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Jewish World Review August 8, 2001 / 18 Menachem-Av, 5761

Dave Shiflett

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Life on the Lam: A travel journal of sorts -- MOBY DICK, the great fishing novel, begins with a paean to the benefits of climbing out of one's rut: "Whenever I find myself growing grim about the mouth," Ishmael observes, "whenever it is a damp, drizzly November in my soul; whenever I find myself involuntarily pausing before coffin warehouses, and bringing up the rear of every funeral I meet: and especially whenever my hypos get such an upper hand on me that it requires strong moral principle to prevent me from deliberately stepping into the street and methodically knocking people's hats off - then, I account it high time to get to sea as soon as I can."

Hypos is defined as a "morbid depression of the spirits," and the desire to escape that condition drives many of us to sea - "sea" being interpreted for this column as the vast plains of Colorado, which roll and dip a full mile above sea level, and the surrounding mountains, which rise higher than any tidal wave ever known. Our destination: the small town of Lyons, about an hour or so on the Wyoming side of Denver. Our mission: To play music, seek transcendental bliss, report our findings, and collect a check.

We - we defined here as the members of a band called Floor Creak - set out on our journey armed with a guitar, a doghouse bass, and a marvelous Singing Wench. Noticeably absent was the Surgeon General. This is not to be taken as a personal attack on anyone who has ever filled this position. The SG, after all, is a freak of nature in the sense that, unlike many medical problems, he will not go away even if you ignore him. So let us give honor where honor is due.

Yet going on the road with a band is not to be mistaken for a visit to the health club. The heart, lungs, liver, eyes, and large patches of hide are put very much at risk. This journey would be no different, for our gig sight was a brewery/restaurant called Oskar Blues. Indeed, from the moment of our arrival it was clear our challenges would be especially stark, largely because the Song Wench is also mother to the manager (a philosopher and bouncer named Wayne Bowers). Accordingly, our glasses were never allowed to go dry.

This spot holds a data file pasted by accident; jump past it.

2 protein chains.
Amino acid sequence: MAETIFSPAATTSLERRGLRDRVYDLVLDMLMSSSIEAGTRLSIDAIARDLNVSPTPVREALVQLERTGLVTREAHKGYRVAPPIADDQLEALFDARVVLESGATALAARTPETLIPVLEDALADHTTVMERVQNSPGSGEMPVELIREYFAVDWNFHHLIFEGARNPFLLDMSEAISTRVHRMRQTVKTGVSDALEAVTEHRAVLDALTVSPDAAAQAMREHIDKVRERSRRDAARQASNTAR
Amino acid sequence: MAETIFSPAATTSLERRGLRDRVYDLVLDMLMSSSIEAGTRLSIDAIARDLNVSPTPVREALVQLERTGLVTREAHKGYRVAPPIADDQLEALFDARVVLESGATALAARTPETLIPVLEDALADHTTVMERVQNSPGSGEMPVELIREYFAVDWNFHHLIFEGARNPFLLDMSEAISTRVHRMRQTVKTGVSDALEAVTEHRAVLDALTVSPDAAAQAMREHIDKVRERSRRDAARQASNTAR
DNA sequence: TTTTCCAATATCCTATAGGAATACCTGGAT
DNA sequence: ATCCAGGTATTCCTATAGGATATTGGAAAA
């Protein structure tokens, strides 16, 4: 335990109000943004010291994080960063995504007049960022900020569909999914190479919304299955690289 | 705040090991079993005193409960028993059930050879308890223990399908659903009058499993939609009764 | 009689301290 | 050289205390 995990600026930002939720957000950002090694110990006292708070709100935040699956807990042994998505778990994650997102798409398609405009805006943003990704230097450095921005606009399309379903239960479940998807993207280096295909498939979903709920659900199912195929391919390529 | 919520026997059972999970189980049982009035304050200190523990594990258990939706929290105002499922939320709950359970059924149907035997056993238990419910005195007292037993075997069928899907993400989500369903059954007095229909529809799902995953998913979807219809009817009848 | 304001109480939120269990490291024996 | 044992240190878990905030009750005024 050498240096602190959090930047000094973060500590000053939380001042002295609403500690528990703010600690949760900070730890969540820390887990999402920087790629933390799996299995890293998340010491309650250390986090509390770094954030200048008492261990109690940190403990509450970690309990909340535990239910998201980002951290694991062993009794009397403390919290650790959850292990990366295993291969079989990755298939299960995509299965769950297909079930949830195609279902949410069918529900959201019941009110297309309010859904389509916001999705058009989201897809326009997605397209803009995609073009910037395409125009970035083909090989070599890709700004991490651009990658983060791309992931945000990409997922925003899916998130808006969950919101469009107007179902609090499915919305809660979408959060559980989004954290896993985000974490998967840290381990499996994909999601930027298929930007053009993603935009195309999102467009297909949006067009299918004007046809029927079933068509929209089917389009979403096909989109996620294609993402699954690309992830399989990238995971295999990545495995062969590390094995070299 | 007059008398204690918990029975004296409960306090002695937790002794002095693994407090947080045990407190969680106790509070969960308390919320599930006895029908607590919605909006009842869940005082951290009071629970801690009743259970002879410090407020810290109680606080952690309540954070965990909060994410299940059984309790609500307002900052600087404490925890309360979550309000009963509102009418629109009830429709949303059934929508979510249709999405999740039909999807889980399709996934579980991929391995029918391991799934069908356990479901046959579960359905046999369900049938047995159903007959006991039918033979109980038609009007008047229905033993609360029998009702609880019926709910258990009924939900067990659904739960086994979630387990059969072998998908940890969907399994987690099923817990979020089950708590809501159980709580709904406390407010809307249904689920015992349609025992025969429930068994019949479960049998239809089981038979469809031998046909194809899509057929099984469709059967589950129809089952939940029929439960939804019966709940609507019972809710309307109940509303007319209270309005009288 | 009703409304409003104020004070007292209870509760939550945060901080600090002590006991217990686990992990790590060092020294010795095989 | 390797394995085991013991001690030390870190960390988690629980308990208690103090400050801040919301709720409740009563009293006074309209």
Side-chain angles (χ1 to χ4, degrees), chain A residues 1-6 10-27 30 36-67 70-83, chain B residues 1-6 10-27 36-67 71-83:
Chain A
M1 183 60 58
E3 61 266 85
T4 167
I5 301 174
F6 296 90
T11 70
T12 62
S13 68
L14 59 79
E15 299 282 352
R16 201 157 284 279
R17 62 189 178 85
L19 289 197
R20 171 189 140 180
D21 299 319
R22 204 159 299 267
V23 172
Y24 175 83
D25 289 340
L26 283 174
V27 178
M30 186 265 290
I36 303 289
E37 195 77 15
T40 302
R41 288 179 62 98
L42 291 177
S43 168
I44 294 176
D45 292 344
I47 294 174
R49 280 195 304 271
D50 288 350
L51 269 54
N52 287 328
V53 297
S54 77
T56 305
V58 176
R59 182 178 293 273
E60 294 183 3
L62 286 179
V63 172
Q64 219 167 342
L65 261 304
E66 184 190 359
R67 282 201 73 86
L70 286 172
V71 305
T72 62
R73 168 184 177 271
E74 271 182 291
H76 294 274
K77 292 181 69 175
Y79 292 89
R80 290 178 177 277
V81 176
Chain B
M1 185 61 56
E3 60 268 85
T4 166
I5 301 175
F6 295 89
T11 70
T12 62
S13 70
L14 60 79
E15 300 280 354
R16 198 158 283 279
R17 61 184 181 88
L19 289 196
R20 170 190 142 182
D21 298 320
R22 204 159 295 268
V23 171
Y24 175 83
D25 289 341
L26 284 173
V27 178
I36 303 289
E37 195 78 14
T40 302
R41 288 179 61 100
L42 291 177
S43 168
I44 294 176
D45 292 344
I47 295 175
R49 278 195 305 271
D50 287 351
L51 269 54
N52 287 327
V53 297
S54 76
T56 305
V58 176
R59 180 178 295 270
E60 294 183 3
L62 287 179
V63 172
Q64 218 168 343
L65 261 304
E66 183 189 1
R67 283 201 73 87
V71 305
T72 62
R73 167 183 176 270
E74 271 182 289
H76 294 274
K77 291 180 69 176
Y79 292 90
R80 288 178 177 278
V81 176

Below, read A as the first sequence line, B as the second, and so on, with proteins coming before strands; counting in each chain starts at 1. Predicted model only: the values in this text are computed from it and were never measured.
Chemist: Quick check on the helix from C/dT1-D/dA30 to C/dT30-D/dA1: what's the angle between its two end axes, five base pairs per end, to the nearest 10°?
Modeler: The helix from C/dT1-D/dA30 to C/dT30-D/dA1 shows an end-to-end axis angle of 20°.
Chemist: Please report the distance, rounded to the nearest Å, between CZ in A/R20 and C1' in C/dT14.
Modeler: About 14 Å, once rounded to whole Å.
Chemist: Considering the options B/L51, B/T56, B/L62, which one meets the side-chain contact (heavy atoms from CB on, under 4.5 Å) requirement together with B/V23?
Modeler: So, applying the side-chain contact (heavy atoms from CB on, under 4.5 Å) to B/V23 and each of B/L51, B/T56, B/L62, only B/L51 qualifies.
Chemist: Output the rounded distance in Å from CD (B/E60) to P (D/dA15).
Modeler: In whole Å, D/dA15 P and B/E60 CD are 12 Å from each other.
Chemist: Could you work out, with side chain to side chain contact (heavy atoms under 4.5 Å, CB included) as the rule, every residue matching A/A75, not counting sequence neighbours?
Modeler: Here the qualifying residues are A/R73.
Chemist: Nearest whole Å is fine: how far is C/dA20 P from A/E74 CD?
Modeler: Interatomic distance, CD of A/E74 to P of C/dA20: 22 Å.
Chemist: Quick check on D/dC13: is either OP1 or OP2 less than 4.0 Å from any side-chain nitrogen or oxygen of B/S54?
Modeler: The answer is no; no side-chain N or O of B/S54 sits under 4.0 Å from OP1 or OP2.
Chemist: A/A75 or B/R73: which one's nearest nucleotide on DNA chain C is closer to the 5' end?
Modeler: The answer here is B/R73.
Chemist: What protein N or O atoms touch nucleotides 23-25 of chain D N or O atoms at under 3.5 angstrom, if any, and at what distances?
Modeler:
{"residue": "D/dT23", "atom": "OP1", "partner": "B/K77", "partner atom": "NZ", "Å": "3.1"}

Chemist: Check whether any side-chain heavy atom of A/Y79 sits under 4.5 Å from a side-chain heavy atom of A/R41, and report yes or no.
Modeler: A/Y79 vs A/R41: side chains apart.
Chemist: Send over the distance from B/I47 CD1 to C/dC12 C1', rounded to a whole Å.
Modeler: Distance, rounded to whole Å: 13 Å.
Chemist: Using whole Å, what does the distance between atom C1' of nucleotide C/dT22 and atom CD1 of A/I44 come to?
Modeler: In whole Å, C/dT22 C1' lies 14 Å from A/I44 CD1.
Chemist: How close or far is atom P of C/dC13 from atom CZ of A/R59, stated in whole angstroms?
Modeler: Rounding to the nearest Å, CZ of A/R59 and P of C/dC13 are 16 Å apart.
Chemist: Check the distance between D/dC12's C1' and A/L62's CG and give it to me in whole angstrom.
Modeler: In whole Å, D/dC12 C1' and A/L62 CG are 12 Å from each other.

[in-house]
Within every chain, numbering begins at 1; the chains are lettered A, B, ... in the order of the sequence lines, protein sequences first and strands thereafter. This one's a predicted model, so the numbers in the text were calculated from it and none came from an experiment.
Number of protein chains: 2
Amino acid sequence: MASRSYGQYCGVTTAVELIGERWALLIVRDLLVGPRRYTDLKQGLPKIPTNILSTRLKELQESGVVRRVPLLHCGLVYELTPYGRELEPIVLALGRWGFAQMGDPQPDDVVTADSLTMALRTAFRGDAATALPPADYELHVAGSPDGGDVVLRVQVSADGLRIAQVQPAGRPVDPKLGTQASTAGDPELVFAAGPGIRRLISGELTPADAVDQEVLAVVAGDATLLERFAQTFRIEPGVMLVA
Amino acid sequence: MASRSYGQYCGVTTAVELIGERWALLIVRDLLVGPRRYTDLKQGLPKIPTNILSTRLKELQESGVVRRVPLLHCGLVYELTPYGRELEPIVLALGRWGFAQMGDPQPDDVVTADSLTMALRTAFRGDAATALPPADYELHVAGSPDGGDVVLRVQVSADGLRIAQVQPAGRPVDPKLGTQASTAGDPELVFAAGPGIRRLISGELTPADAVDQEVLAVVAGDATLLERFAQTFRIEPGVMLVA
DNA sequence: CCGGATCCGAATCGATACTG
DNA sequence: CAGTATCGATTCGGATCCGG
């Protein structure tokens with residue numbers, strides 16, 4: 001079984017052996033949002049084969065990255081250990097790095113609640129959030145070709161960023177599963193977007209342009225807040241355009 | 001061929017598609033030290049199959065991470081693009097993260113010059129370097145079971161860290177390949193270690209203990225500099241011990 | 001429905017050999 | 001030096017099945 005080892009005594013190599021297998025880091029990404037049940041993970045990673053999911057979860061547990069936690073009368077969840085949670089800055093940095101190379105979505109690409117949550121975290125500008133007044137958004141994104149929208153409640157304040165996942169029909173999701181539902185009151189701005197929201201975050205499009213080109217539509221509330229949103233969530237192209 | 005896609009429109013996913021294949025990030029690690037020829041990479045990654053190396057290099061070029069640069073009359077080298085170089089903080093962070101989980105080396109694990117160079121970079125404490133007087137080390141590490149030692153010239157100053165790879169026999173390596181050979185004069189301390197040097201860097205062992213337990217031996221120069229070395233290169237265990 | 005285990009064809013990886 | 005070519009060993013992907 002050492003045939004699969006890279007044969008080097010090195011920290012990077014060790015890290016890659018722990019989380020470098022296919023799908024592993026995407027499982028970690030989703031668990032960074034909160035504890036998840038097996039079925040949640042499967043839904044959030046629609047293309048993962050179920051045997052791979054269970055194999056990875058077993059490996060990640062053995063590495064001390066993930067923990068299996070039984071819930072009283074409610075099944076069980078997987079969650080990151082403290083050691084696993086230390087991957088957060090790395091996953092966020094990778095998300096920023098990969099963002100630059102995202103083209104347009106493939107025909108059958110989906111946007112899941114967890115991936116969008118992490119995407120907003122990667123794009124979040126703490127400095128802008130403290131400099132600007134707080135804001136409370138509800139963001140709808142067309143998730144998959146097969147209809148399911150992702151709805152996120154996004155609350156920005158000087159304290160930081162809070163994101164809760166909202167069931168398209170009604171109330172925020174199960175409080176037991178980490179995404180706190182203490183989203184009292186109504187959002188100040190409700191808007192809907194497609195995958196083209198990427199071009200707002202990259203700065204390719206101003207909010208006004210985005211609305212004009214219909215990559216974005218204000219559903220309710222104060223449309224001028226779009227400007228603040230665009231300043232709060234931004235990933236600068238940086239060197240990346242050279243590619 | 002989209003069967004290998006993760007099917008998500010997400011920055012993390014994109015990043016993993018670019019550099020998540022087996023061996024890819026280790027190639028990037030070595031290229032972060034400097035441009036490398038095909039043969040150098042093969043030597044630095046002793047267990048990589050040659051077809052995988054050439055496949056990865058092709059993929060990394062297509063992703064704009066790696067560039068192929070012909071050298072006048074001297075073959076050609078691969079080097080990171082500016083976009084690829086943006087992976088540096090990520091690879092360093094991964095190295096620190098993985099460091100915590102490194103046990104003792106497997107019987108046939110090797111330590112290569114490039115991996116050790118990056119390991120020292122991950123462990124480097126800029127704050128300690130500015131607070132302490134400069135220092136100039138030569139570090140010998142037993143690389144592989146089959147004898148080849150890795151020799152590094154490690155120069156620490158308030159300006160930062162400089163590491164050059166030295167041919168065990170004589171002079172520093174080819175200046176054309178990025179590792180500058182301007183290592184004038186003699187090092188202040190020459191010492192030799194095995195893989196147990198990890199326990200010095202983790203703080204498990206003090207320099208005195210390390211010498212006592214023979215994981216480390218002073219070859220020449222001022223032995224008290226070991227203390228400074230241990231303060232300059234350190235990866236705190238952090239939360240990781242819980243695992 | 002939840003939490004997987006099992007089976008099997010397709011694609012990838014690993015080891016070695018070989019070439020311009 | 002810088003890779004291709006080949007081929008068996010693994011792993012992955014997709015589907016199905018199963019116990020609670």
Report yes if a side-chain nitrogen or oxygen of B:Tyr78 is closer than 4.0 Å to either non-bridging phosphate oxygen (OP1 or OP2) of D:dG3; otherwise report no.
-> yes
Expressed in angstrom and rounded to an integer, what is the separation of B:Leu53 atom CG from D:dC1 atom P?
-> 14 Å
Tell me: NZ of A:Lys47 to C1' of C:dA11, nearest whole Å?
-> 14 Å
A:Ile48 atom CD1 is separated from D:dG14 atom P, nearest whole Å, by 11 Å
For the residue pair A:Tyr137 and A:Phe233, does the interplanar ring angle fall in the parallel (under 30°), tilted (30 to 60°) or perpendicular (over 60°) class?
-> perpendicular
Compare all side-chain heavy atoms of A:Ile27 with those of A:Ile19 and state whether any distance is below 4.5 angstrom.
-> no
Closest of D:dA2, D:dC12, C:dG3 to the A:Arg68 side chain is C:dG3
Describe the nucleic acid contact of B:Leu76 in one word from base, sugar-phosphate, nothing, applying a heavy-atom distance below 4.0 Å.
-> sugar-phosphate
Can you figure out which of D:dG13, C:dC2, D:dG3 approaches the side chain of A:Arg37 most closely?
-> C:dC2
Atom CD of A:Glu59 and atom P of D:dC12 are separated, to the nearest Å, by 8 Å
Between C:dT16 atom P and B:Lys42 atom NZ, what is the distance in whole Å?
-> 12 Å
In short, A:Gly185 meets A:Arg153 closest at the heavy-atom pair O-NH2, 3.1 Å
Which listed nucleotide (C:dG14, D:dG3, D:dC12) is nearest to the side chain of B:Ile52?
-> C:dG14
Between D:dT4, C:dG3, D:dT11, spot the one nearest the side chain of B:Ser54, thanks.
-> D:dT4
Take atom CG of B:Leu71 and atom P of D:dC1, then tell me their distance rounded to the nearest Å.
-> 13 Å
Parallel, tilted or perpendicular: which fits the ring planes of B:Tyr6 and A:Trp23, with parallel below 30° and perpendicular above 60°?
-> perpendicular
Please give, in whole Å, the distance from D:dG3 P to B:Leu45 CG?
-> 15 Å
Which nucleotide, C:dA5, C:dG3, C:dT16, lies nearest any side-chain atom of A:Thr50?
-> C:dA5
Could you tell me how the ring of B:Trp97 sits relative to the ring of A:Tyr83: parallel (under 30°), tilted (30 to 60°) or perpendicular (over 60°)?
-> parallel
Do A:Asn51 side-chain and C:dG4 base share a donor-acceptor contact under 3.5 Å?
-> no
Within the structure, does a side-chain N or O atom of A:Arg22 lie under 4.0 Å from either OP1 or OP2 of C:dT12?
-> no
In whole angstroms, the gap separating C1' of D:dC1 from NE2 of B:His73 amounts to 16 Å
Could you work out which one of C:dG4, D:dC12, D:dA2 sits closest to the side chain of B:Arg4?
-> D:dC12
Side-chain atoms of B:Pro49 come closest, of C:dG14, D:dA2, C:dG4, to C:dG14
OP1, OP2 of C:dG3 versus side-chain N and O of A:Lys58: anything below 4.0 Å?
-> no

While some might panic is similar circumstances, we took this as a sign from above, and were soon drinking scores of mountain men and women under the table, and ourselves as well. Personal gratification was of course the last thing from our mind. Instead, we sought knowledge, which is summed up in a single line: There are meadows of bliss which cannot be reached by Transcendental Meditation, and places of enlightenment where Buddha dare not tread.

Unfortunately, there are few specifics to add. While we allowed ourselves, at great peril, to be washed upon Nirvana's shores, a look at our travel journals finds blank pages from this part of the journey. We also suffered unexplained skinned knees, bruised feet, and melted contact lenses. Go figure.

Not all of life is labor, and playing music is one of its great pleasures, especially when fellow humans are driven to dancing and applauding. Here we were not disappointed. One dancer, for example, put on a magnificent free-form performance - a spirited combination of writhing, standing on one leg, gazing oddly at the ceiling, and starting and stopping without apparent reference to the music being played.